Introduction to Creating Shapes
The first thing I want to do is create a new Illustrator document, do CMD or CTRL+N and we're just going to open up, we're going to get the New Document and I'm going to tell you that this looks really different if you haven't been using CC 2017 because suddenly the new document dialog box looks a little weird. But I'm going to tell you a tip, you can turn it off in your Preferences. It says, "use the legacy new dialog box," click that on, it'll look like it used to just in case this is a little overwhelming. So the first thing I want to do is ask myself, "What is the end purpose of this product?" So I'm going to go over to Print and you can see that I've got a few in this recent. These are ones that I've done recently. So basically I'm going to use that. I'm going to start with Print Normally and I can choose one of the preset ones or I can put in my own size here over on the right side. Again it looks like a lot more, there's a lot of stuff at the bottom we might need. We're not goin...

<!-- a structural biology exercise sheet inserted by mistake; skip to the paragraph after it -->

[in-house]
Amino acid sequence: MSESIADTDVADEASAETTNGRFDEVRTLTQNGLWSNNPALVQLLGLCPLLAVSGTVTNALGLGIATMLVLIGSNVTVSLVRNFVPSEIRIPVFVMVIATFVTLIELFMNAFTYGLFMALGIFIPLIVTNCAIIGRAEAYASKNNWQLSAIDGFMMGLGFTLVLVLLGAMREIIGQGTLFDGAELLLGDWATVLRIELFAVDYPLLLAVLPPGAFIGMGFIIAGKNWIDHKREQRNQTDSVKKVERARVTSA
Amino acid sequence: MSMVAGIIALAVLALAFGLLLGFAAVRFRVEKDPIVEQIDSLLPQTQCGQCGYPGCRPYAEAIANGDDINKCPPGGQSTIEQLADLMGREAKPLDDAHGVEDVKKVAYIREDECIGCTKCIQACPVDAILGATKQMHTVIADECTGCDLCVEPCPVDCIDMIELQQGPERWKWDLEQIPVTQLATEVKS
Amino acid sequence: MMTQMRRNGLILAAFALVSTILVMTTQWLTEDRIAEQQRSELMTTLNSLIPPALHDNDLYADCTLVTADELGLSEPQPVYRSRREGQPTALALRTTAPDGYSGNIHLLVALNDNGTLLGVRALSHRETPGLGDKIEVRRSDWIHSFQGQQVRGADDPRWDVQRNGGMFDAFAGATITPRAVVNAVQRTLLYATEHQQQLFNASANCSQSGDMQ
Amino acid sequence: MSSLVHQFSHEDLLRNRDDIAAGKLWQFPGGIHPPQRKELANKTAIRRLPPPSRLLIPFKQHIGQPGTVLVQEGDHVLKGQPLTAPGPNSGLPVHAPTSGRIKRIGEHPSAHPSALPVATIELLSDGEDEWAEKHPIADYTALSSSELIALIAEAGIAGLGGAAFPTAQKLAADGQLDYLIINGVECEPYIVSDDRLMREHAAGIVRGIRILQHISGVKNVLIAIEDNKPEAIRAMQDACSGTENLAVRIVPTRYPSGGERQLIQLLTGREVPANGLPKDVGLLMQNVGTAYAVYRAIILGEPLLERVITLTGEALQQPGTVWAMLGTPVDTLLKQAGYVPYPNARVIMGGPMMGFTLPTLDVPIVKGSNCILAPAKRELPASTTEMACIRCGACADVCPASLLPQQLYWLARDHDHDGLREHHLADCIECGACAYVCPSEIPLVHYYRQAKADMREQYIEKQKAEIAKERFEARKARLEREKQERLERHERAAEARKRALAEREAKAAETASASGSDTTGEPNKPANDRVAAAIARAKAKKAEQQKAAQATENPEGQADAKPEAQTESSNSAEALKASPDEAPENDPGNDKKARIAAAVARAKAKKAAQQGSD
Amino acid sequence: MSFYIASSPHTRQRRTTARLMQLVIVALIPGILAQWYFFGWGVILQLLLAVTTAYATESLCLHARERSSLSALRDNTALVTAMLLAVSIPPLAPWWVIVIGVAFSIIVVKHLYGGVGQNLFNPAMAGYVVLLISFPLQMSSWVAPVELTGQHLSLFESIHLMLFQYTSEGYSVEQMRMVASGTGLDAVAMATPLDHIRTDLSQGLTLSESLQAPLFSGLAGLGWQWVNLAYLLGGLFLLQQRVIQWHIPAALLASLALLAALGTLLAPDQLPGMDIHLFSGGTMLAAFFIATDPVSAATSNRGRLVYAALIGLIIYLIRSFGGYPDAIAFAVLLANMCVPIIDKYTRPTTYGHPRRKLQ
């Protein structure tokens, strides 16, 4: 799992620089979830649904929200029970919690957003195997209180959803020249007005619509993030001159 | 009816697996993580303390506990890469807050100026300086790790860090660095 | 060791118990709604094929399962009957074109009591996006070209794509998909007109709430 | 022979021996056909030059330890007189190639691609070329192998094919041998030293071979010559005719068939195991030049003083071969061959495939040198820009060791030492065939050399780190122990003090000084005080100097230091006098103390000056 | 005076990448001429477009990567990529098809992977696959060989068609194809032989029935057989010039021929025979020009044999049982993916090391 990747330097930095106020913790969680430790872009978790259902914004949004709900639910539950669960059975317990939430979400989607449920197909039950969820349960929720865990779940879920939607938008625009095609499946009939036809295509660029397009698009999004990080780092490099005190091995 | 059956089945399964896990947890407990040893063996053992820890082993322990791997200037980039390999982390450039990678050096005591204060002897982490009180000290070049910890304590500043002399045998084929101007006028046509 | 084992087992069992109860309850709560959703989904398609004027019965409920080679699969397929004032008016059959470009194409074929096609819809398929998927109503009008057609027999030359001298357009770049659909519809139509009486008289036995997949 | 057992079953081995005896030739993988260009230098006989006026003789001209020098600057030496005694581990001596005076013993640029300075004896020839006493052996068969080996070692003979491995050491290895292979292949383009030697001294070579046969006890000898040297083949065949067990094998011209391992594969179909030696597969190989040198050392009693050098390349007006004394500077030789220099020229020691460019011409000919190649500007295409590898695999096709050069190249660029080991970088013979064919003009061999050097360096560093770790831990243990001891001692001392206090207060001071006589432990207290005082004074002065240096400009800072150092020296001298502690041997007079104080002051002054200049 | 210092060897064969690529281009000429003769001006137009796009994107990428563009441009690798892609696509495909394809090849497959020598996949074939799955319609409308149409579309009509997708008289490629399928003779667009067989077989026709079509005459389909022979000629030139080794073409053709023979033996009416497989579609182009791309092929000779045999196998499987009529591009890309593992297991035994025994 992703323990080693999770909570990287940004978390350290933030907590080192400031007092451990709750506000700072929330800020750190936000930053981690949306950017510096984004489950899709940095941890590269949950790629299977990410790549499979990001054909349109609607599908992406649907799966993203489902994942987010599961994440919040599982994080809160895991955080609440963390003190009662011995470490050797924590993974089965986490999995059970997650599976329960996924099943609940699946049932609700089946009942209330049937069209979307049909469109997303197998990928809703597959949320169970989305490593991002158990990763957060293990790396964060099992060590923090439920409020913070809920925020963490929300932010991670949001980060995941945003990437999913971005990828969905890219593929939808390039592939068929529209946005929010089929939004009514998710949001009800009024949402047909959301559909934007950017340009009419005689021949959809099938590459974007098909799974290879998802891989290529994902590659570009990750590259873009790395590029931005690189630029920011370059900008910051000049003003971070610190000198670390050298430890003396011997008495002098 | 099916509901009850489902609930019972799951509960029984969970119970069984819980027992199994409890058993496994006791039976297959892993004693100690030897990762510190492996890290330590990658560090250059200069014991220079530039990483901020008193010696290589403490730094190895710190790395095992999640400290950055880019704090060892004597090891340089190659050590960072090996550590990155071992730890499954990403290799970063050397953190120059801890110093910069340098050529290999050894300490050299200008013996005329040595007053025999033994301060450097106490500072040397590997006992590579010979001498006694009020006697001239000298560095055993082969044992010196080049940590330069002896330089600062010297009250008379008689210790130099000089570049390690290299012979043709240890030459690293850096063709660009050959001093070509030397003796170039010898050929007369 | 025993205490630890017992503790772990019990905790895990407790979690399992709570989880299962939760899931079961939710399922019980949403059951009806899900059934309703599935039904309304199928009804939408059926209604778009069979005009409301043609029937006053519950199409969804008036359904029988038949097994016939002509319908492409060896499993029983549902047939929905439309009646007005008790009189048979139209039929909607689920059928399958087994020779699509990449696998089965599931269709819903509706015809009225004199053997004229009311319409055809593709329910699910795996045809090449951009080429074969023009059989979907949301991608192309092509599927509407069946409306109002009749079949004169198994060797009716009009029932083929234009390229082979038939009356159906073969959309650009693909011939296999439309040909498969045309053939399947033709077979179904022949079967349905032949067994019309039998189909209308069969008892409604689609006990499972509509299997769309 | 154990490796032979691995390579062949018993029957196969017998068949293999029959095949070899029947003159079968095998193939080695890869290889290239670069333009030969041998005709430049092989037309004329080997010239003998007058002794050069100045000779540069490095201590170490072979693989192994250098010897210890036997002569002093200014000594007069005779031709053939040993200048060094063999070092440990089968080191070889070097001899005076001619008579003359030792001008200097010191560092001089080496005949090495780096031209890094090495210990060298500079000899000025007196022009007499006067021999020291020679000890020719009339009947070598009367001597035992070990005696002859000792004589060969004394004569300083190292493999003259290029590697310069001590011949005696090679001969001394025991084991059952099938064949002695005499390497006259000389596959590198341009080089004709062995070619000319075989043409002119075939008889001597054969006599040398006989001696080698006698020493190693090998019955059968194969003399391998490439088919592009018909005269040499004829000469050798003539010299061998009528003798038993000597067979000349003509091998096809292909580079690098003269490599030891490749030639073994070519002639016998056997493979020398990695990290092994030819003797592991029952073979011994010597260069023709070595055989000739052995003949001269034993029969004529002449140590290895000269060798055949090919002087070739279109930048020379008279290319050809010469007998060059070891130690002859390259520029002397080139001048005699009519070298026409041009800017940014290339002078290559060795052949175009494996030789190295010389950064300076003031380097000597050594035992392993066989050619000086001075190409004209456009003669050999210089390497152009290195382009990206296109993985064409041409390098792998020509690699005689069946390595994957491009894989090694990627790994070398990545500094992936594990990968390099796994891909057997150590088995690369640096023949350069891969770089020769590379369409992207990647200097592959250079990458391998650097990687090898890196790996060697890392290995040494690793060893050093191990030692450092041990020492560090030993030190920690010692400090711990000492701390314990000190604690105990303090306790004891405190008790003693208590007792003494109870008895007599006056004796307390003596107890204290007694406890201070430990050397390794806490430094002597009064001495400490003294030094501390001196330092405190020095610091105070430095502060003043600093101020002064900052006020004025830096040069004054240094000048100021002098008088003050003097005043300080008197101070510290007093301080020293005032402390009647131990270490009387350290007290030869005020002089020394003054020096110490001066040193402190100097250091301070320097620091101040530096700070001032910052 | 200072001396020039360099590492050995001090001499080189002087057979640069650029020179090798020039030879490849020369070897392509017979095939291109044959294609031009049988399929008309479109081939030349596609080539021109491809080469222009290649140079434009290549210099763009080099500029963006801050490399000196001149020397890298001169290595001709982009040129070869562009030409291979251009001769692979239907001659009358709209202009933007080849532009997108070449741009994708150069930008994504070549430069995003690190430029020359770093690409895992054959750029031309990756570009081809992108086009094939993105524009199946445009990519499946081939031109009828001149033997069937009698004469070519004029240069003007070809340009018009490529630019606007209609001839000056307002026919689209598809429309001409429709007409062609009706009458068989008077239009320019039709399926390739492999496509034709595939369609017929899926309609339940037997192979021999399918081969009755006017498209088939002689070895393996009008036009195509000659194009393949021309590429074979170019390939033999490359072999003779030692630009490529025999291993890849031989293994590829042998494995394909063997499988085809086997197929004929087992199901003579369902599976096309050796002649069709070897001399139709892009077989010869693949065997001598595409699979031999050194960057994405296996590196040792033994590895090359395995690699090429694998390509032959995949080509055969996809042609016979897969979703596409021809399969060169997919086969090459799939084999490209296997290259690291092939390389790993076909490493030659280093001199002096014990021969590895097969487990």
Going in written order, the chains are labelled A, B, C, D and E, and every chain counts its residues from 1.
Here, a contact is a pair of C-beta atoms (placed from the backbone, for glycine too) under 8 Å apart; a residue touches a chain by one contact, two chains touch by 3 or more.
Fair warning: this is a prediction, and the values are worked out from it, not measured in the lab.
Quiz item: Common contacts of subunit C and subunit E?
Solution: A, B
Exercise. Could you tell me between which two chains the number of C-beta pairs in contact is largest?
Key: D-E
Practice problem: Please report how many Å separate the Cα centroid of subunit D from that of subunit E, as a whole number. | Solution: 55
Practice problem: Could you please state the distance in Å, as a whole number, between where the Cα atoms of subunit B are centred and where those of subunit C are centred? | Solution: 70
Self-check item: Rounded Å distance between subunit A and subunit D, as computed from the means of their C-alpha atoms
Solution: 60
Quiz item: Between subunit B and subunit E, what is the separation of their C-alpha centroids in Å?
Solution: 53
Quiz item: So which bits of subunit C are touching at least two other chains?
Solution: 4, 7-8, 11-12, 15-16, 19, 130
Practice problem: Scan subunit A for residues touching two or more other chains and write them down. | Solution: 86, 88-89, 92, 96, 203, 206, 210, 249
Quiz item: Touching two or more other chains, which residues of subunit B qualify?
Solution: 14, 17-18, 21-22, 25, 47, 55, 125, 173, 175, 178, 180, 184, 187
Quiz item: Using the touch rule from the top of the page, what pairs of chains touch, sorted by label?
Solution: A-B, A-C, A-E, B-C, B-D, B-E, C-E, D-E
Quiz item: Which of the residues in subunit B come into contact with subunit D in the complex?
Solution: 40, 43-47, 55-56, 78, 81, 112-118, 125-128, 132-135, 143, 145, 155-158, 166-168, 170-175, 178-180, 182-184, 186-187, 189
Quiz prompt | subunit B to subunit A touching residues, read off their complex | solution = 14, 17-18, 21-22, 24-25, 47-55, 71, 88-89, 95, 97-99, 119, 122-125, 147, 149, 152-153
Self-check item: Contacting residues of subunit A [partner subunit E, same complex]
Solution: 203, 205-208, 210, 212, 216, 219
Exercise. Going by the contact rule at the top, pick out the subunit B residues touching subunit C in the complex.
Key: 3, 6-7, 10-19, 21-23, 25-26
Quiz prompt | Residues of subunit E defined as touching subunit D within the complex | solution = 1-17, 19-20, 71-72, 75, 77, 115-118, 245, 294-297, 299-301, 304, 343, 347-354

g to use any of that today. So just focus on the sizes that show up here. And again I'm going to go to recent because I've already filled in a 4 by 4 and a 12 by 12 square. And basically when I'm making icons, they're almost always square and it doesn't really matter to me what size because I mentioned that these are vector items that we're creating and the vector just means that it is being created mathematically so that we don't have to worry about resolution. If you're used to working in Photoshop you know all about resolution and pixels and how things get pixellated. Well that doesn't happen in Illustrator because it's vector. So these are going to be these line drawings that we see, icons again, things like that. That's what we're going to use Illustrator for. There's a lot of crossover. You can put pixel art inside here just as you can put vectors in Photoshop. So again there's all that interplay between the apps but in this case we're just going to learn how to use the vector drawing tools that are here and we're going to use Illustrator as opposed to InDesign even though InDesign might be the final destination for these, we might be doing a newsletter and taking these items and putting them into InDesign but we're not going to do it in InDesign because it doesn't have the tools that Illustrator has. It understands the vectors just as well but Illustrator gives us those extra tools. So again we're back on the New Document dialog box. I'm going to use one that I've already used, 12 by 12 inches. Or, again, we can come over here and select those. So I'm going to say Create. That's going to give me a nice square pasteboard to work on, art board. And the first thing I'm going to do is turn on my rulers because I'm going to use this a lot throughout the course. So I'm going to do CMD or CTRL+R to turn on my rulers, if they're not already on by default. The first thing I want to do is use the tools that are here for just basic shapes. So these are shapes that are already built into Illustrator that we don't even have to draw. So for instance, can you draw a star by hand and have it be perfect? I can't. So I'm going to use the Star tool that's built in to Illustrator. So we're going to look at some of those, some of the shape tools that are already built in. So I'm going to go over here to the panel, to the tool panel and if you don't see the same panels that are here, for instance I have some down the left, the tools down the left and I have the individual panels down the right side. We might need to set up a workspace and so what I want to do is I'm going to come up here to this menu that says Essentials and click on that and that gives us some pre-built workspaces and a workspace is just Adobe's term for all the panels and how they're setup. So we can actually save those and open ones that we need and save those as well. But I'm just going use the Essentials one that's built in. You notice there's a lot over here. They're all by icon. But if I click this teeny-tiny little double headed arrow, it says, "expand panels," I can click on that and I can see them all as separate panels. And click that close, so I'm going to work with the icons. The great thing is I can roll over it and as soon as I do, it tells me what the name of that panel is so it kind of keeps it neat and clean but I still have access to the name. So again, make sure you have panels open that you use, ones that you need will all be under your Window menu. So under here, this is where all your panels live. So if there's one that isn't open find it in here and go ahead and open it and we can also place it by dragging it into the panel on the right side. So those are called workspaces and also the Adobe workspace as a whole if you need to look up more information on that. So let's jump back to our Shape tools that we're going to work with. We're going to start with some really simple ones. We're going to use the Rectangle tool. So when I click on this, if you can see there's a little teeny-tiny little triangle next to it, that means there's more tools that live underneath it. So if I click and hold I see all the tools that live underneath the one that's showing. So I've got my Rectangle tool and it's pretty easy, click and drag to draw a shape. So I'm sure you've probably all done this. This is not new and, you know, life shattering yet but we're going to make some changes to it in a minute. Because when I work in Illustrator a lot of times I can't draw something freehand. Again, if you're an artist and you're using a touch-sensitive tablet like a Wacom tablet, you're probably used to drawing and creating from scratch. But again, I'm speaking to what I call my people, these are the people that don't do this on a day to day basis and need to start with shapes and modify those shapes so I often use this built-in shape tools. So again I click and drag and just let go where I need it to. You can actually delete that. I can also hold down the OPTN or the ALT key, and when I do that, it draws from where I clicked outward. So instead of clicking and dragging across, it draws from that point outward. So where that might come in handy is if I have my ruler set up and I want a guide, I can drag a guide from one of the rulers and I'm going to just put that at the 6 inches and 6 inches so I know exactly where the middle of my document is. So maybe I know that I have a rectangle, I would like it to sit directly in the center of my document. I could draw it off to the side and then move it in or I could start from scratch and say I would very much like to draw my rectangle right from that center. So I'll click the Rectangle tool, line up my cursor, hold down the OPTN or the ALT key on a PC, and drag out. If I hold down the SHIFT key in addition, I also get a really nice square. So it constrains those proportions. And that's going to happen whether we're using the Rectangle tool or the Ellipse tool or the Rounded Rectangle tool, even the Polygon or the Star tool. Everything works in the same way, we can click and drag or we can OPTN or ALT+click to draw from the center outwards. So let's start with something simple like that rectangle tool and I'll go ahead draw it again from the center, OPTN and SHIFT so I get a nice square centered in the middle of my document. And a couple of things that you might notice are these crazy little dots that appear everywhere. And one thing you also might notice, I'm going to step back and show you, is when I zoomed in and I clicked and drag, you noticed it zoomed in, did this animated zoom instead of the marquee zoom that we're used to where it draws a line around it and then zooms into that amount. That is something fairly new, a new default setting in the Adobe products and that's actually called the Animated zoom. So I just want to show where to turn that off because that can freak a lot of people out when they go to zoom and they think we're going to zoom in on this corner and suddenly it just flies at our face like that. So let's fix that really quickly. Up under the Illustrator menu on a Mac or under the Edit menu on a PC, you have something called your Preferences and I'm going to go into general and I'm going to come down here and choose GPU Performance which should be on by default. You also have this item that gets turned on as well called Animated Zoom. We can turn that off so that when we marquee zoom, it will work the same way that it's always worked. I'm actually going to leave it on, it's a really quick way to zoom in on items. So let's go back to our rectangle, on our rectangle we have these four dots. If I drew a star, let's draw with the Star tool or let's do the Polygon tool, and I'll draw also from the center outwards, OPTN+SHIFT and it remembers what the last item was that I drew. It was a six sided item. So I'm coming here and let go. And now you notice I have one. And that seems odd. I had four on the rectangle. Well, if I use the Direct Selection tool, now I can see all the individual items. What I have it with the Selection tool and have the bounding box chosen, I only have one to choose from and that keeps it uniform and what we're going to do with these little dots that appeared is we're going to change the roundness of the item, that's the roundness of the points. So let's go back to our rectangle. Now I'm jumping back and forth between the tools because I figure at least the drawing tools you're probably used to from any other program you've used. But this is where it gets fun. I can actually use the Direct Selection tool and I can drag on one of these, you notice it gets a little bit of a rounded arc icon that's there and I'm going to click and drag and when I do that it rounds the corner for me to a point. Now in this case because I started with a square it lets me round that arc down all the way till it actually becomes a circle which is probably not what we wanted, we would've just used the Ellipse tool to do that. But I can change the size of that corner and we could also use the Rounded Rectangle tool to have drawn that but you're kind of limited. Once you do that, that arc is sort of hard baked into that shape. So when you change the size of the shape, the arc gets deformed, whereas using this that doesn't happen. So I just drag that in there. Now let's say I only wanted one of these corners to be even more pronounced and I need to actually select the item and I want to come down here and I'm going to put a stroke, a color on the stroke. And we're going to do colors at the end of the course. So near the end we're going to talk a little bit more about colors. Right now I just selected the stroke. I'll get those right. And I'm just going to come in here and just click a color just so I have something that we can look at so that when I do select it I can still see what's on my art board. So again I'm going to use the Direct Selection tool and the direct selection tool is for when I'm working with either content of a shape or the actual lines and strokes and points that make up that shape. So by hitting that I now have access to the items that make up that shape. So in this case I'm going to roll over just that one corner. Now I have just that one corner I can change. So let's pull that one way down and I'm going to drag over this one and do the same thing. Now I can't numerically tell what I'm doing with that because I need to turn on something else in the Preferences. Under Illustrator again back to Preferences, I need to come down and choose, let's see if I can remember where it is, if not we will just leave it off and we'll eyeball everything. Smart Guides. And I want to be able to see my Transform tools, I should be able to see that there. Measurement labels should have been showing me that it's not, let's just see if that works. And if not, all right. Well that's not the right setting, I'll have to remember what that setting is. But there's a way to turn on that will tell me what arc I'm working with and so that when I see that it's 0.3 or whatever, I could drag this other one down to that same amount that's there, should be showing me my transformation values there. But I can do it visually obviously and pull each side individually. I'm going to select all of that and delete that because I want to show you what happens when we do something like a star. So if we know we want a star, I can do the same thing. Draw from the center outwards. I'm holding down the SHIFT key and that's holding it in place so it's giving me like a nice centered star. And again I can do the same thing with all those points but not just the points, the inset as well. So maybe I want it to be a pointy star but I want the inset to be rounded. If I pull just one it transforms every point that's on there. Or I can again slide over one or just click on the anchor point itself. And that way I'm only dealing with the ones I select. So maybe I want to round this point and this point and maybe I want to also round the inset as well. Let's drag this item here, select the point, grab the little circle and pull that in as well. So again I'm just starting with the star to start with because maybe all I need is everything on top of this line here. And after a while I can actually get rid of everything that's on the bottom. But for me to have drawn that either freehand with the Pencil tool which we're going to talk about in just a little while, or the Pen tool, also going to discuss that, for me to actually do that and create that and get that nice symmetrical look to it, I can't do that. So a lot of what I do starts with these shapes. In fact I think of everything as a shape when I'm ready to work on something. When we get to our icons in just a little while that we're going to create we're going to do some pet faces for a pet newsletter. We're going to do you know cats and dogs or whatever, I'm in my mind thinking, "What makes up a cat's face, you know?" It's round and the ears are triangular and the nose is sort of a soft rounded triangle. So I already can be thinking, "Oh I can use the Polygon tool," so we can come in here and grab the Polygon tool and I'm going to go ahead and start drawing that and I'm going to use the up and down arrow keys to add or subtract sides. So I think, "Okay, now I know how to draw a triangle," hold the SHIFT key down and that constrains it nicely and then I can round it. So let's actually grab this. I'm going to use the Selection tool and hold down the shift key, I just want to make it bigger than what I drew. Let's get rid of our deformed star here, he can go away. And I can come over here and again using the Direct Selection tool, I can round those corners. So again in my mind I couldn't have drawn this as is but I'm able to use the Triangle tool as a starting point and then work from there again if you want to make, say a diamond, you would want to use maybe a square and we're going to change the outsides of it, make it a trapezoid first or maybe round those corners as well. And I'm going to think how this piece fits together with other pieces as well. So always be thinking in shapes. Again going back to those animals, one we're going to make is a fish. So be thinking already what kind of shapes go into just a very simplistic fish silhouette. I'm thinking oval and triangle, right? Maybe a couple of triangles if we're going to put some fins on it. So again think in shapes that way because that's for me where everything starts. And we're also going to, by the end, we're going to create a cartoon character but we're going to use a real world photo as a starting point. It's kind of like in the old days when you had your tracing paper, you know? I don't know if you guys put it up on a window, that's what I usually did is tape my photo. I wanted to draw a great picture of, I don't know, Indiana Jones or somebody, I'm not that great of an artist. I'd have to start with a little bit of a tracing to give myself that form. I would put a picture on my window and I'd put a piece of paper on top of it and use the sun, it can only work during the day. And I would sit there and I would draw it out and we're going to do the same exact thing in Illustrator. We're going to put a photo as our base and we're going to draw on top of it using shapes and the different drawing tools that we're going to learn about. So just be keeping that in mind all the time how shapes work into that. The other thing that we can do when we create a shape, let's just do a nice...oh let's do a circle. No, let's go back to our rectangle. And I'm actually going to delete these guides that are here, I'm just just dragging across them and I'm going to hit DELETE. So I'm going to hit a rectangle, it doesn't really matter where it's going to be. And we've got our points for rounding them but the other thing that we can do is we can work with the segments that connect to those points. So right now we've been working with this rounding of the points, select the point, round the edges. And we've taken it from what's called a hard point to a curve point. We've made it more round and given it that arc. And when we start drawing with the Pen tool, that's also going to make a lot more sense because we're going to create those arcs manually. We're going to draw a couple of points. We're going to tell it what the arc is between those two. And again that's math, that's what vector is. But we don't have to know the math behind it, we just need to know how to control the points and the segments that are there. So I'm going to go up here under the Pen tool and it is a weird place for this to live. We haven't even talked about the Pen tool yet but I'm going to click on that and show you something that's hiding down below. It's called the Anchor Point tool. It used to be called the Convert Direction tool, which is still what it does in one capacity, which we'll learn about when we start talking about the Pen tool. But right now the Anchor Point tool which also doesn't make a lot of sense because we're not actually going to be working with anchor points. We're going to be controlling the segments between the anchor points. So I'm going to turn that on, click that, it's just this little item here and then when I get close to a segment, not the points but the segment in between, I get this sort of rounded barbell almost looking thing. And what that says is that I can push that segment wherever I need to. So I'm going to click and just again. Let's give it a little bit of a color I just clicked whatever color was here last so that when it's not selected I can still see the shape that's there. I'm going to grab this item and I'm just going to push on that and I get these handles that are there. And what happened was when I drew that square it was as if I used, say, the Pen tool to click a point, click another point and have it draw that segment in between and click all four points and come up with this beautiful square, but I used the tool so I didn't have to draw it. But what I'm doing now is I am actually converting the anchor point. So by clicking and pushing on this segment, I'm now actually telling it that from the corner points upwards to where this segment connects, I want it to be round and that's what those handles are. In fact if I let go and I grab one of these handles with this Direct Selection tool, which is how we manipulate the points that are here. I'm grabbing it. So from that point upward it is now a smooth corner point. It's still the hard corner point from this point downwards. That's why we only have one handle. So what I've done is basically converted it to that smooth point. So now I get this nice flowing piece so we can make a loaf of bread or whatever we need to do with that. Let's actually do that so we can use that by using this Anchor Point tool and I can still play with that here. Let's actually grab the bottom and I'm going to hold down the SHIFT key when I do that. When I do that I get a nice even continuation of that arc that's there. So again it drags the handle straight down instead of free form, if I hold down the SHIFT key, it automatically constrains that there. So you can see how much easier...I'm going to actually undo, just step backwards to where I distorted all of that. And if I were to just pull each of these out by holding down the SHIFT key, I now get this new shape. So we're starting to give ourselves sort of a cylindrical shape but again I didn't have to draw the lines, figure out what that arc needed to be. I'm able to use that tool, the Anchor Point Selection tool, to actually push those points out for me. I can do the same thing and push these inward and end up with a whole new shape. Hold down the SHIFT key. It will bring it in proportionally as well. All right. So again trying to draw that free hand was probably not going to work for me but I'm able to use the tools that do that. So again I started with a rectangle and suddenly have this shape with plenty of cool curves to it. And again I didn't need to use the Pen tool at all. All right. Let's delete that. Let's go to one of the simplest tools. This is actually the the Line tool and I'm basically going to just draw a simple line with it. Now when we come back to the Pen tool, we'll see where the difference comes in between the Pen tool and the Line tool. A Line tool is for creating one line segment only. I'm going to click and drag. So as opposed to the Pen tool where I click a point and click another point and it creates the segment in between, I'm dragging to create that. I can hold down the SHIFT key and instead of constraining proportions, it constrains it to a 45 degree angle. So you know if you need a straight up and down line, don't try and free form it and get that to line up just right. Hit your SHIFT key and it automatically shifts into place until you hit the next 45 degree angle. So I'm just going to do that, we'll just do it at an angle here. And again I'm going to hit the Stroke panel down here, come down here and hit this little stroke icon and I'm just going to assign a color. Again, I just popped open the Color panel and I'm just choosing from the color spectrum here, not worry about what the color is or if I can redefine it or anything at this point. It's just so that we can see it. But I want to make it a little thicker so we can actually see it. So I'm going to open up this Strokes panel and I'm going to show more options because it's almost always collapsed, we need to show more options. And I just want to make this thicker, first of all, so we can see what's going on. So I'm just going to go ahead and I'll just make it 28 point, nice and thick so we can see it. And then I'm also going to zoom in on the end here so we can see that and again I'm using the zoom. It's zooming in, that animated zoom then I'm shifting...I'm sorry, switching to the spacebar to get the little hand so I can move it in the screen that I need it. And I just want to show some of the things that are here, the caps, for instance the end cap. Right now the line goes to the end of the thickness of that line. You notice the end point is right there and I'm going to show you what lives underneath all these items that we're creating. If you go up under the View menu and choose outlined, you will see one thin stroke because when we're working with Illustrator, I am just working with sort of this skeleton of items that are here. So in this case I have a line but then I'm also telling it what the appearance is. I'm going to add that thickness of that stroke on top of it and we're going to see where that comes in handy being able to shift to that outline because sometimes when you're trying to join things together and you've got these rounded items and all these embellishments that are there, it's sometimes hard to see where things actually connect. And if you're connecting to guides it's always going to snap that point to it and kind of ignore all this extra that's there. So we have to keep that in mind that the skeleton is what we're working with. But I'm going to turn back on the preview here so we can actually see that. So I've got a couple of different end caps, I've got a round end cap and a square end cap. They're projecting and I can come right here to what's called a Butt cap because it butts up right against there. I also can choose when I have corner points and we don't have a corner point yet so we're not going to play with that. We'll look at that when we get to the Pen tool. And then also I can align a stroke and I'm actually going to do that with just the Square tool. And you notice it automatically grabbed the last appearance that we did and that's there by default, whatever the last thing looked like, that's what the new thing's going to look like. So in this case I want to select this item. You notice, I couldn't select it here. It needs to actually select that skeleton line that's in there. I can now change these corner points to a rounded or the miter...I'm sorry, the beveled. Miter's what we had. And I can also align the stroke, the bulk of the stroke to different parts of that skeleton. By default it automatically puts it half and half, half inside and half outside that stroke. Now if you had set up that frame to those guides that we had but you wanted all the color to live outside that we need to switch over here to align the stroke to the outside or to the inside. In this case that makes a very very thick stroke so we'll leave that as is. So just keep that in mind when you're adding all these embellishments to it that you want to know that there's a skeleton underneath it and you may need to be able to...you may need to change what's in the strokes. So let's go back to this and we also can do things like add arrowheads. We're not going to play a lot with that but we can do that. But you notice what happen is I have this thick stroke so the arowhead is really huge. And I can play with the size of that arrowhead by adding down in here a different scale factor. So just keep that in mind, that's one way to grab items that are here. Now, when I go back to that outline view it's still just a straight line. That's all it is and all that other stuff is an embellishment. You may need to at some point change that and actually do what's called "Expand the Appearance." When we do that it's sort of a one way street I can no longer now bend this arrow and have it act as a continuous arrow but we can do that under the Object menu, Expand Appearance. And at some point we may need to do that. But now it's no longer that outline that's there. Now it looks like that and now those things act independently. So to me that's sort of the last thing that I do is do that if I need to. A lot of times I don't need to but sometimes you'll notice some of the effects don't work unless you first expand that appearance. So again just something to keep in mind when you're trying to figure out why something isn't working how you'd expect it to work.